Fine art print, dibond aluminum mounted
Edition: 96x120 cm edition size: 4 48x60 cm edition size: 6
It takes my mind off things is a wonderment at and interrogation of
the shooting culture in the Netherlands. In this provocative piece,
Robin Butter poses the question; has the Netherlands always been a
‘secretive’ gun-nation? Secretive in that it has a long-standing fixation
with firearms that is systematically hidden and denied. From the political-
economic sphere of transnational interactions - the Netherlands
place in the top five for creating firearm components in Europe - to
the socio-cultural realm of the individual - the joy many Dutchman
find when firing at shooting ranges, a tradition that has existed for
over hundreds of years. Think of the famous Dutch painting of the
‘Nightwatch’ by Rembrandt van Rijn probably one of the oldest
paintings of a shooters range, in that time called a marksman guild
being portrayed. Without realizing firearms are deeply rooted in the
soil of the Dutch cultivation. Members of Royal Dutch family have
always served as the patron saint, until the death of Prince Bernard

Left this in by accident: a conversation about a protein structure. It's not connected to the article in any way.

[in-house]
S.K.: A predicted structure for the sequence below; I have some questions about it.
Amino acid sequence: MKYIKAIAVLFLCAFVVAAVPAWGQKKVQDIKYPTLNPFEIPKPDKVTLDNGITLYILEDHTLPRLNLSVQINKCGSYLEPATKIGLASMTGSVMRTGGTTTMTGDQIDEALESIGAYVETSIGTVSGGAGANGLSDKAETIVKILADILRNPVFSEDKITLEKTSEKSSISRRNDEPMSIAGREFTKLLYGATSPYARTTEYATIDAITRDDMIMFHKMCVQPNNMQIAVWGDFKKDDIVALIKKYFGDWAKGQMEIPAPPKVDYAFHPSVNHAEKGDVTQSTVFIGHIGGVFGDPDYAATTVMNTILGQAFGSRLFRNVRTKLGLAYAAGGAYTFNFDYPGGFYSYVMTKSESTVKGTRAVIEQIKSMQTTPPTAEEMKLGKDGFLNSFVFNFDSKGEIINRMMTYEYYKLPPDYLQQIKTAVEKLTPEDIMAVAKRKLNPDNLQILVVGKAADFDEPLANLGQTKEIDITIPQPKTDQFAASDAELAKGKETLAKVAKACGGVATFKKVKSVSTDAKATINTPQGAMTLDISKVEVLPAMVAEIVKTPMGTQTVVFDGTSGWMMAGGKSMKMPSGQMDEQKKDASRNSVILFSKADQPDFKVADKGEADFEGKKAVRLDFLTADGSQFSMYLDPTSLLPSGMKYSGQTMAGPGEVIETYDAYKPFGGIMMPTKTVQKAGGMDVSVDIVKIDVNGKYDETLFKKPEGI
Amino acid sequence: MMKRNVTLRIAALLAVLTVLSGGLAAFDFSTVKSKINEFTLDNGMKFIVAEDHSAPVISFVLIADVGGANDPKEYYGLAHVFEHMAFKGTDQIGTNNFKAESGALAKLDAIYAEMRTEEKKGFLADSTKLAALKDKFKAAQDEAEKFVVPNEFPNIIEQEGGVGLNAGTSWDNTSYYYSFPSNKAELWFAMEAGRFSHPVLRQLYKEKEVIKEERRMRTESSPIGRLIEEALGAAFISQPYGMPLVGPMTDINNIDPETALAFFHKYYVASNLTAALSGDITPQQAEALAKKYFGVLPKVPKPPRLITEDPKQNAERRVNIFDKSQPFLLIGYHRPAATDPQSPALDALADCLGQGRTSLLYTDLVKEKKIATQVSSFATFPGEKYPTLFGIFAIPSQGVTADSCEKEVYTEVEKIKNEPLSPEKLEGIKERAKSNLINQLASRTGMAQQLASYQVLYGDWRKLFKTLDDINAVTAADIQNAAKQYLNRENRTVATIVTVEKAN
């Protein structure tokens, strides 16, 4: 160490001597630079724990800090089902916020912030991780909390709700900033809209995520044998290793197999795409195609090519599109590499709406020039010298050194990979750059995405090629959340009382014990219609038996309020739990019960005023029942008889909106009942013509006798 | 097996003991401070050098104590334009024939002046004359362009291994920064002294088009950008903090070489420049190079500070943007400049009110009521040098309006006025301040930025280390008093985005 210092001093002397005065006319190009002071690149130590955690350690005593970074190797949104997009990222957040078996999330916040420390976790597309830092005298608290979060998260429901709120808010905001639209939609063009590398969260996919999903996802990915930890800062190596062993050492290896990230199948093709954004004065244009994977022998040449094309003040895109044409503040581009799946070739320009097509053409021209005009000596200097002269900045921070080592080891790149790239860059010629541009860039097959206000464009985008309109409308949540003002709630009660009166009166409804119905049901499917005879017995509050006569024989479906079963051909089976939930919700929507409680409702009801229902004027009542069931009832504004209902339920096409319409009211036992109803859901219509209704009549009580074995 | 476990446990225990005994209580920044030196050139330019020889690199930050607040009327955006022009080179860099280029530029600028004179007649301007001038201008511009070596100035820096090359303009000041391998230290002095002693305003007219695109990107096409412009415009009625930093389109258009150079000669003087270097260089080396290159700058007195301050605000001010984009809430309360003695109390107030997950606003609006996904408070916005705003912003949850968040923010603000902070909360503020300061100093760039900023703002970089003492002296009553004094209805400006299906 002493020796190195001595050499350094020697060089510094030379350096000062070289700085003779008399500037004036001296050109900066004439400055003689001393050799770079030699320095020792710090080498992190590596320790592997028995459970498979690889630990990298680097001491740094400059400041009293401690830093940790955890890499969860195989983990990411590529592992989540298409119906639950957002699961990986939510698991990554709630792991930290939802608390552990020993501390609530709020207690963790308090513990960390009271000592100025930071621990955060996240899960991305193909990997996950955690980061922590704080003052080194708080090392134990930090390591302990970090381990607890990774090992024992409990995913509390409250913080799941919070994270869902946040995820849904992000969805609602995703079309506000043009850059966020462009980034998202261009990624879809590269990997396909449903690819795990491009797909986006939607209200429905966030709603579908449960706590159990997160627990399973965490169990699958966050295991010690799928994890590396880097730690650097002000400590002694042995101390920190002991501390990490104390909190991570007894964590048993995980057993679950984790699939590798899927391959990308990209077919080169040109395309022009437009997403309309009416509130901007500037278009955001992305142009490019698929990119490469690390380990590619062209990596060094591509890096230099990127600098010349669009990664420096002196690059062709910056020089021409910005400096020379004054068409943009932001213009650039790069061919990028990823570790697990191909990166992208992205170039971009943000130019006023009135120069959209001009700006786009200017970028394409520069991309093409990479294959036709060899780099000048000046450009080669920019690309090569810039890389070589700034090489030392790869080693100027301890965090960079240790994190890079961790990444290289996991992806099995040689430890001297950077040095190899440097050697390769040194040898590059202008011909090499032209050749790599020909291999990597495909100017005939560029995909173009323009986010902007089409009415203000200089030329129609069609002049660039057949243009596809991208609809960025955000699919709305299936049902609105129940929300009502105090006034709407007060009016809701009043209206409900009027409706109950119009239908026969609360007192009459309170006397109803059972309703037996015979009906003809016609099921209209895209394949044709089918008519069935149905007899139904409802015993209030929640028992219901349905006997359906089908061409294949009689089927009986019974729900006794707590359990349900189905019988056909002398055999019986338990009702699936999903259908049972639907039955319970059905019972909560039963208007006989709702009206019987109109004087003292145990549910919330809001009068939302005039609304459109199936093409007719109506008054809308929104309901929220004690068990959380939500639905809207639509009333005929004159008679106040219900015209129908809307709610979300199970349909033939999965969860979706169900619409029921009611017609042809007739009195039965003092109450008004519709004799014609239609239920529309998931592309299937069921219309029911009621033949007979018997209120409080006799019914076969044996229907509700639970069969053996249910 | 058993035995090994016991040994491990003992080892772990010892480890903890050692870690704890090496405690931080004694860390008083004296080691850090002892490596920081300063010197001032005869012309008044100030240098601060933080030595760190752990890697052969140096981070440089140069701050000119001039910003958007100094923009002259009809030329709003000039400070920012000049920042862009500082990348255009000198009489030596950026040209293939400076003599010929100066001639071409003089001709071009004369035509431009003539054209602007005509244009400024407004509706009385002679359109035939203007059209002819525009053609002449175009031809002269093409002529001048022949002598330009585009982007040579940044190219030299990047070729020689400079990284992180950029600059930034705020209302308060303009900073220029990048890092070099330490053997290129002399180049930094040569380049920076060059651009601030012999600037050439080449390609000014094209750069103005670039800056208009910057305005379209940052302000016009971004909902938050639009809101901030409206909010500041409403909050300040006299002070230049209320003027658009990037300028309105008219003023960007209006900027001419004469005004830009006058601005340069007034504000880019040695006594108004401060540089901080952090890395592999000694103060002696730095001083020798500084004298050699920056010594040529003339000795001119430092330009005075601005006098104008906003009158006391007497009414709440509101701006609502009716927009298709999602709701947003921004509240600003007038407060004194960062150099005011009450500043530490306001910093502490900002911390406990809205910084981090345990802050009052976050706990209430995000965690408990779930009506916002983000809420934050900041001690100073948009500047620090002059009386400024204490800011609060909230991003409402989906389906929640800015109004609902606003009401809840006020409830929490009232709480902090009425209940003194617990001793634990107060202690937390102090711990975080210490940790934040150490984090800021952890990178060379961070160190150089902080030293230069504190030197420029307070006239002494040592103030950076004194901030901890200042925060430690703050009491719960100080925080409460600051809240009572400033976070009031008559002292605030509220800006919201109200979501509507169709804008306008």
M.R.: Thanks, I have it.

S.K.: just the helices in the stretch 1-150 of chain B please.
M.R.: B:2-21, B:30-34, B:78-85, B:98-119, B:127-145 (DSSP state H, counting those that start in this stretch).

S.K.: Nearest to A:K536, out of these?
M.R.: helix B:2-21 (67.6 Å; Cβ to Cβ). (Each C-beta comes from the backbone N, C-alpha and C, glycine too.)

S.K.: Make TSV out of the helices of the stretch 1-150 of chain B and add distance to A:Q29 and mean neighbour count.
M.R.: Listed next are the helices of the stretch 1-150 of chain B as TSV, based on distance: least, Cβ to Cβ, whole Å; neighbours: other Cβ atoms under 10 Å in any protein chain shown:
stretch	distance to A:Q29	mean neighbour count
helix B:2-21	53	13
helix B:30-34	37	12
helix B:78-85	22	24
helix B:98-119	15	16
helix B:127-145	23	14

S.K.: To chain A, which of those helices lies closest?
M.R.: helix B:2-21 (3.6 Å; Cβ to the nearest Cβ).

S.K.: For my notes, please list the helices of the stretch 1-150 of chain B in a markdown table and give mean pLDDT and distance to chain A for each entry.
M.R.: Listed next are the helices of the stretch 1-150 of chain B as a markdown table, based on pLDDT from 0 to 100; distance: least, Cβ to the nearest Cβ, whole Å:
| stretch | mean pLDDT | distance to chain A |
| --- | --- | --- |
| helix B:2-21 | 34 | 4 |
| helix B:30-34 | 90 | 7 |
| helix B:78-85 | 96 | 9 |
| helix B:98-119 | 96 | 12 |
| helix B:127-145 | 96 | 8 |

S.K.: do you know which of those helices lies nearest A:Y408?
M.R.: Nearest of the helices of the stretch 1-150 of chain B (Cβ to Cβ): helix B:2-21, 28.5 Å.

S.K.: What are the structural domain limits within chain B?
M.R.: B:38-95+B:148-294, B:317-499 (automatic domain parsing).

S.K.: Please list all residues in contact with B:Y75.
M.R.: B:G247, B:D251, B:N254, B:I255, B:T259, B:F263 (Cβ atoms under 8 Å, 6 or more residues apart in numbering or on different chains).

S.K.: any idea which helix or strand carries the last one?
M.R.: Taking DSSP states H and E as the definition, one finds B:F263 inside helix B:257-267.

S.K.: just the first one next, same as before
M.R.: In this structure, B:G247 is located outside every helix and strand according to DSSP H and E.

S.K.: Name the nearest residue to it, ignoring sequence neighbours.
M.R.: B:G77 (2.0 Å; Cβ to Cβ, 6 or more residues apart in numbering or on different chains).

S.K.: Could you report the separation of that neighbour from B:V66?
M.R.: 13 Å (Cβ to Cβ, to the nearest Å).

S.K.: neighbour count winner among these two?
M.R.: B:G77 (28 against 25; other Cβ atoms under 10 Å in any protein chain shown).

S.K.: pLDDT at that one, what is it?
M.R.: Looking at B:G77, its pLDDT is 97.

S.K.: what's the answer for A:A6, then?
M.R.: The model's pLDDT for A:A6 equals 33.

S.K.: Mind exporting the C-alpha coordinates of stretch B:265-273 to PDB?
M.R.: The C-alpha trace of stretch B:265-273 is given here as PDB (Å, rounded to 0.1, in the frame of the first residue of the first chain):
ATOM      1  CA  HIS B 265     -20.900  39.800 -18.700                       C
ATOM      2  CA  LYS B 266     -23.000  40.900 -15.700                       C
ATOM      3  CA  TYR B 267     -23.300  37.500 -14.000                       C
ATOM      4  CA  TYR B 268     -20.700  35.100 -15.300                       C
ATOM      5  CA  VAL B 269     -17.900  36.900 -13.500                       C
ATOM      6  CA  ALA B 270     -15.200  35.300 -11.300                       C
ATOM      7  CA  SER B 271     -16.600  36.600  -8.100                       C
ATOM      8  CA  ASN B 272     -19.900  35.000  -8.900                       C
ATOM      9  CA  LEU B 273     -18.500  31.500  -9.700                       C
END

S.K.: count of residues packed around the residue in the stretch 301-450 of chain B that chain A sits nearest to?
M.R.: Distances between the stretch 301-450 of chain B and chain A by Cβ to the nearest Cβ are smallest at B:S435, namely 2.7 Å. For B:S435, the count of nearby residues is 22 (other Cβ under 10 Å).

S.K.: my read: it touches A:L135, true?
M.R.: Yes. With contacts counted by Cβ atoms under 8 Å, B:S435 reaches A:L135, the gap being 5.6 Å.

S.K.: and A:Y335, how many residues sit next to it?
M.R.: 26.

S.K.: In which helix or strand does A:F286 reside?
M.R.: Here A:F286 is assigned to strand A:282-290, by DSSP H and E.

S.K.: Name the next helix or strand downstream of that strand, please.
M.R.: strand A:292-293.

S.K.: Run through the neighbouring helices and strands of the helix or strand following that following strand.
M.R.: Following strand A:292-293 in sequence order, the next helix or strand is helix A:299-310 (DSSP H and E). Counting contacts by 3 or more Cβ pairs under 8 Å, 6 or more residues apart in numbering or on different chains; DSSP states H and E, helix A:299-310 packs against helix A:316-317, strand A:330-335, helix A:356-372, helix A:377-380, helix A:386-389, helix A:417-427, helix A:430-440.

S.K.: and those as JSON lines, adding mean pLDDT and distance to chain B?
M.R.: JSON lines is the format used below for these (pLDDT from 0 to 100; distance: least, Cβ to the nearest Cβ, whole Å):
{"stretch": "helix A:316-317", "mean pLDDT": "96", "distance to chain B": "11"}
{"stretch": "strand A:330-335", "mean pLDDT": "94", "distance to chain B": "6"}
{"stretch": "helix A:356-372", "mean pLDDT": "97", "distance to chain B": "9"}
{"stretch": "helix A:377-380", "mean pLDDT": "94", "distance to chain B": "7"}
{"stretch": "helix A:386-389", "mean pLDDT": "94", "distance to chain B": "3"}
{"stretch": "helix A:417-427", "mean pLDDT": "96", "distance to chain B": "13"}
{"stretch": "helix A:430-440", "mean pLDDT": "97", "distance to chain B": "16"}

in 2004. This made the sport an elitist phenomenon. There are in the
Netherlands a legion of shooting clubs, some of which are existing
for over a hundred years, where weekly Dutch men and woman
empty with full gratification their magazines. With over eight hundred
shooting ranges in the Netherlands with an average of hundred fifty
members, this is a large group within the Dutch society.
In 2011 a horrible shooting incident took place in the Netherlands,
in Alphen aan de Rijn. The young Tristan van der Vlis shot several
people in a shopping mall, before taking his own life. The shooter
was a member of a range, with a registered weapon licence, which
allowed him to keep his weapon at home in spite of his psychotic
and suicidal tendencies. In the wake of the incident, not only the
government but everybody wondered how this was allowed to happen.
With just a few shots, Tristan van der Vlis cast a dark shadow
over the Dutch shooting culture. The pressure on the clubs is present;
the rules have been examined and adjusted. Now the clubs have
been given a huge responsibility by the government. Responsibility
for their members.
But what does this responsibility mean? Do we really have to worry?
Or is it a matter of stigmatization, where we distrust every gun enthusiast?
Even though only three percent of the shooting incidents in
the Netherlands happen with a registered weapon? It leaves the
overarching question; how can you even decide who is dangerous
and who is not?